Consultation was conducted on the second document, at least. According to the Explanatory Memorandum:
“There were seven responses to the consultation all of which were broadly supportive of the proposals”.
However, no detail is given, unless one gets the full government documentation. It sounds very strange that there were only seven responses to the major matter of the future of the motor vehicle industry. Once again, it probably indicates inadequate time for people to be able to consider these things.
Finally, paragraph 11.1 says:
“Detailed guidance on how the regulations will function and how the various flexibility mechanisms should be applied for will be provided to manufacturers, and made available on line, as soon as it practicable to do so”.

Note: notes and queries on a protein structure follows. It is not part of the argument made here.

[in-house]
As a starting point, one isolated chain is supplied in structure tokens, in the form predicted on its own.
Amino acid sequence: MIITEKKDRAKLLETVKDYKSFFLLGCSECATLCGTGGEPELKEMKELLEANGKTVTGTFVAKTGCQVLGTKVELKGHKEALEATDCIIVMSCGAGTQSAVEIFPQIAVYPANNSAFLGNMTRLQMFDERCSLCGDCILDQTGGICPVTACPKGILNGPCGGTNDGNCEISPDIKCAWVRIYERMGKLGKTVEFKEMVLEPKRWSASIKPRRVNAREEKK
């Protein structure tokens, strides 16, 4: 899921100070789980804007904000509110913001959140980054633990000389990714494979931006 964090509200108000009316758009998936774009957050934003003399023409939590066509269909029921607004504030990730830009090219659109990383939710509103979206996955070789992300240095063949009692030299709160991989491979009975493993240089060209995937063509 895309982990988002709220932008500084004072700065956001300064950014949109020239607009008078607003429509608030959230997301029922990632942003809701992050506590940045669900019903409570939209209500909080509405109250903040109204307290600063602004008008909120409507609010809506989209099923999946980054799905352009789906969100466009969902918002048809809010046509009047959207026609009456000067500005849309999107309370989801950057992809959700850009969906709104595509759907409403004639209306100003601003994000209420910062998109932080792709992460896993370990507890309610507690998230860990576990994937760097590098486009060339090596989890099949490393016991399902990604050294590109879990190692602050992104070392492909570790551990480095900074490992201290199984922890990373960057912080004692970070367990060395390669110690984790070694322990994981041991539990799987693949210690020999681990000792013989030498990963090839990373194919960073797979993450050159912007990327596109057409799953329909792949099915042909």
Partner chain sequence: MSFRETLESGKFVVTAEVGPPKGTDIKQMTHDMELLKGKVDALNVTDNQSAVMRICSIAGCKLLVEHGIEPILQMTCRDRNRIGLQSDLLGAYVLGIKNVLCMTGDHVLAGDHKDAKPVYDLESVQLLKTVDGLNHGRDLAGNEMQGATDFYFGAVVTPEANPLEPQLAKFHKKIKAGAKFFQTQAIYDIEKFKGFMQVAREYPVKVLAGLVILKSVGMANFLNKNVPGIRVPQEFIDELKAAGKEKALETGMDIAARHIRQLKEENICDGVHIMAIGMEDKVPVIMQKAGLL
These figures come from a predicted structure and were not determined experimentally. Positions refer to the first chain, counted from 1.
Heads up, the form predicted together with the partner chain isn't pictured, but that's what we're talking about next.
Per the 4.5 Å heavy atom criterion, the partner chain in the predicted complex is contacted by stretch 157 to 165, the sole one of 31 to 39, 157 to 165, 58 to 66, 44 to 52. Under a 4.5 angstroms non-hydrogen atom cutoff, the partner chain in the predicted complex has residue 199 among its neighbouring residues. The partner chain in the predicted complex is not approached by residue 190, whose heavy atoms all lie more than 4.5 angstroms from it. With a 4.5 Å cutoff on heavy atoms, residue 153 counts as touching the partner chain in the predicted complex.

Is this future legislation or just extensions of regulations? When is it going to be? We urgently need guidance now from the Government on all these matters.
My Lords, I will be briefer than I had intended, mainly because most of the points I wanted to raise have already been made. I am afraid there will inevitably be some degree of repetition.
As the Explanatory Memorandum says in relation to the first SI:
“EU law requires manufacturers of road vehicles and engines for non-road mobile machinery to be type approved before production can begin”.
It goes on to say:
“The proposed changes are designed to ensure that the type approval regime is effective after EU withdrawal”.
We then come on—and the noble Baroness, Lady Randerson, already referred to this—to the reason for the proposed changes. It says:
“If these changes are not made the legislation will not be operable after EU withdrawal because the UK would be required to continue to accept motor vehicles entering the UK market which have a type approval granted by one of the EU 27 approval authorities, and would have no formal way to challenge the validity of the approval”.